I heard about a story a pastor told to his church congregation this year. He said to the congregation:
“When I was a boy I told my mother that I wanted to be beautiful. I told her, ‘tell me I’m beautiful.’ She said to me, ‘We only say that girls are beautiful. You are a boy, so I can say that you are so cute!’ But I did not want to be cute, I wanted to be beautiful! But you know what? My Father, my God, he has told me, ‘you are beautiful’ and that makes me feel good!”
I really do not know why the pastor told this story to his church. As far as I know it was not connected to whatever the sermon was about. What struck me is that this is the type of story that hits a chord in me because of my gender issues and crossdressing past. Could he have had the same struggle that all of us have had? Maybe. It’s possible of course. But I doubt it, and I doubt he would have shared that story if he did have the deep painful personal struggle that we have all had. Maybe it’s just a universal human desire, to want to be beautiful.
But what does that even mean? We can’t determine whether that’s true or not until we unpack what we mean by “beautiful.” What does this pastor mean when he wants God to tell him he is beautiful, and does it mean something different from when I say that I, (speaking as a past crossdresser), want to be beautiful.
The definition of beautiful from dictionary.com –
having beauty; possessing qualities that give great pleasure or satisfaction to see, hear, think about, etc.; delighting the senses or mind: a beautiful dress; a beautiful speech.
How is this different from “handsome” –
having an attractive, well-proportioned, and imposing appearance suggestive of health and strength; good-looking: a handsome man; a handsome woman.
I’m not really sure how much these definitions help us. If you are like me, being told I am handsome or cute is great! But it doesn’t quite fully satisfy that inward desire I felt all the time or sometimes still feel, to want to be told that I am beautiful.
Do I, do we, desire what the dictionary definition says? Do we desire to have people take great pleasure and delight in the sight of us? Is that really all that different than handsome? If that was all we wanted, being told we are “handsome” should satisfy us.
Or maybe rather we just desire what the connotations of the word “beautiful” are. That is, maybe we specifically desire to be “femininely beautiful.” Maybe we desire the usage of that word as a word only given to females. We want that word which was never applied to us, but only to our sisters, or mothers, or friends at church or school. We always heard adults say to girls, “that is such a pretty dress!” and we felt left out.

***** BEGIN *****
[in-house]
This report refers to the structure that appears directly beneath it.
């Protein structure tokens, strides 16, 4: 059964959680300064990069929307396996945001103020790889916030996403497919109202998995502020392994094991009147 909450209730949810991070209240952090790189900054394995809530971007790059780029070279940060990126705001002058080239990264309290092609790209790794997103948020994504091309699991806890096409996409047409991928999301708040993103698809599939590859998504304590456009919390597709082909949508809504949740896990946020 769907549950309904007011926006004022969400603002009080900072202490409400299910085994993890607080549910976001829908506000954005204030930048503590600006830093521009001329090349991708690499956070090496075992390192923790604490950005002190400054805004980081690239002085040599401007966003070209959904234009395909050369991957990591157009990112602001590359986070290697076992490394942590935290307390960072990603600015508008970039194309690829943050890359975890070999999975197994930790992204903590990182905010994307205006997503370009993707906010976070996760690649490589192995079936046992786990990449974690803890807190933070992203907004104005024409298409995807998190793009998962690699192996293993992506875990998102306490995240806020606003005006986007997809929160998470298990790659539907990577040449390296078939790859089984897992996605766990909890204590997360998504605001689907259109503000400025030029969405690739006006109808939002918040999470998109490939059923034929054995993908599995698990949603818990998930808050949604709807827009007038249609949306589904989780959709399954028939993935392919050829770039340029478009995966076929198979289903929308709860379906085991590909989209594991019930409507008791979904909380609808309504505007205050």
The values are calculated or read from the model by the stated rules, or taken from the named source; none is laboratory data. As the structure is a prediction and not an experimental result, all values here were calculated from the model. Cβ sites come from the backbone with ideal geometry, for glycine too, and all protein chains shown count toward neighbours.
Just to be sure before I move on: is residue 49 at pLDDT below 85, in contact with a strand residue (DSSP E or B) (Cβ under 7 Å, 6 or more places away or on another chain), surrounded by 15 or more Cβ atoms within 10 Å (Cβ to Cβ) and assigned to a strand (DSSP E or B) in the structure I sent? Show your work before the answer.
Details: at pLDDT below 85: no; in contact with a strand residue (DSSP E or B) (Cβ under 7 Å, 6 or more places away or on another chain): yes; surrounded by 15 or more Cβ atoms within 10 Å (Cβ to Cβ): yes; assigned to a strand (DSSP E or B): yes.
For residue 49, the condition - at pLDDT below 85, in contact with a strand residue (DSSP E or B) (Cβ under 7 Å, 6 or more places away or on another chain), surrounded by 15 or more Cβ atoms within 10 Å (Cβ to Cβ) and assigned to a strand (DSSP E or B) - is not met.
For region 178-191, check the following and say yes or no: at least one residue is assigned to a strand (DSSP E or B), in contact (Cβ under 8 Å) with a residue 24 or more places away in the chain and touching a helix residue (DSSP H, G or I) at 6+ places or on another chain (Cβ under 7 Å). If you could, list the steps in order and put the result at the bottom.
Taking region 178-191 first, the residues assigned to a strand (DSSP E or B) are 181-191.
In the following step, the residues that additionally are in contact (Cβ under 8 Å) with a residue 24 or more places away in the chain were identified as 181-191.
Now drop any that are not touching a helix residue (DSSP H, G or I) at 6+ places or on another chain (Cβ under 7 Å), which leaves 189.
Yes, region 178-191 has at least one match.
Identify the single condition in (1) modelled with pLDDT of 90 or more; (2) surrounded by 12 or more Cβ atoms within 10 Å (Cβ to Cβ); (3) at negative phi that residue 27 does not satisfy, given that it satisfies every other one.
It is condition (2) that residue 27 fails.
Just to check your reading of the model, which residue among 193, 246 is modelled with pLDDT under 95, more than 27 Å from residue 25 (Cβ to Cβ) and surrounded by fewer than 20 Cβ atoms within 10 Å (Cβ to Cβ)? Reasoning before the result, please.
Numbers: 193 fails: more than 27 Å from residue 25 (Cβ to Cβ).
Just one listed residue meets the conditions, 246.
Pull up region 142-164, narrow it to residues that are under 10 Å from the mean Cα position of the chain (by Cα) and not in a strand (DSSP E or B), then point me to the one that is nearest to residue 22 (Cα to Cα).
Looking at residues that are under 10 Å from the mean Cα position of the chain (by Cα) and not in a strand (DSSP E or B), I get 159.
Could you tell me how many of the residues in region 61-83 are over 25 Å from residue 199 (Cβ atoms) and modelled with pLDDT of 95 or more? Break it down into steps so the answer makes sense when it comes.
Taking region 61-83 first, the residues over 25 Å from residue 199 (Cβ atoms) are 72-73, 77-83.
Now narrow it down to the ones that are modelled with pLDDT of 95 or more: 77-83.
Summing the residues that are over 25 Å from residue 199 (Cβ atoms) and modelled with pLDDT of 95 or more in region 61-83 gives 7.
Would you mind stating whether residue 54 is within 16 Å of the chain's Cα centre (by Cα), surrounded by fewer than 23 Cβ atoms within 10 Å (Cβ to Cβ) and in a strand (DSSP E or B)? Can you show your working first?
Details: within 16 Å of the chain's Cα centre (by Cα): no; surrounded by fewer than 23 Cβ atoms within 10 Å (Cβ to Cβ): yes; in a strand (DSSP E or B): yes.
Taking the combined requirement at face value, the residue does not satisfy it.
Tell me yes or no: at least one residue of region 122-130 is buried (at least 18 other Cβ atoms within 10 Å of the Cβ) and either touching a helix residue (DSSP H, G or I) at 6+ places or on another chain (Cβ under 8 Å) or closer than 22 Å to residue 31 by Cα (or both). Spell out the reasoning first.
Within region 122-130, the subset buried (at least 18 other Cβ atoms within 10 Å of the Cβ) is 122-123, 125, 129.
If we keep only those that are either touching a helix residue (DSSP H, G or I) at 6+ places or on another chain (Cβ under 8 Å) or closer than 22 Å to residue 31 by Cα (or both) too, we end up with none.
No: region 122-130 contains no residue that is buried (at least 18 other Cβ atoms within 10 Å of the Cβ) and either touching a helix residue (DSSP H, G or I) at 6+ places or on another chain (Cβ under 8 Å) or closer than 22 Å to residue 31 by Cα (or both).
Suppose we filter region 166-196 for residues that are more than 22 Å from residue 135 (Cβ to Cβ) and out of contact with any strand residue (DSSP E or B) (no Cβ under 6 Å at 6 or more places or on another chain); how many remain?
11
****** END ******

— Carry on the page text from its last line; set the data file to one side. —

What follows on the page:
I’m not totally sure what to make of all this. I do know that if we stick to the basic definitions of “beautiful” and “handsome” that they can be applied to both men and women, and so that pastor was right. In God’s eyes, Christians, because of Jesus, are God’s children and are beautiful and handsome in his sight. But this probably won’t be satisfying enough to make men stop crossdressing. Just as God being proud of us is not satisfying enough for most people to not desperately crave other people being proud of them as well. Although God’s love and delight in us should be enough, we usually feel like it isn’t.
I don’t have all the answers. But my gut feeling is that when we as crossdressers say that we want to be beautiful, really the true desire, deep down in us, is just the basic meaning of the word “beautiful” and nothing about wanting to be a woman. This is the pure uncorrupted desire that God put in us. And God finding us beautiful is the pure satisfying of that desire God gave us. But somehow, during our childhoods, something got messed up in us. There was a disconnect. Maybe we didn’t get enough attention from our parents. Maybe we felt left out when little girls around us were called pretty or beautiful. And so somehow we started to envy and crave what the girls were getting that we were not getting, and somehow we internalized the notion that we only get what the girls were getting by being girls ourselves. And so instead of craving the feeling of people (and God) taking pleasure in us and us looking good as ourselves, we started to crave the feeling of people noticing our specifically feminine beauty. Perhaps this is one tiny part of the explanation for why we developed crossdressing, or at least why it has such a hold on us.
If this is the case, the challenge is to take more comfort in God finding us beautiful, as men. This takes work, prayer, and meditation, and contentment, but I think it can be done.
Anybody else have thoughts on this?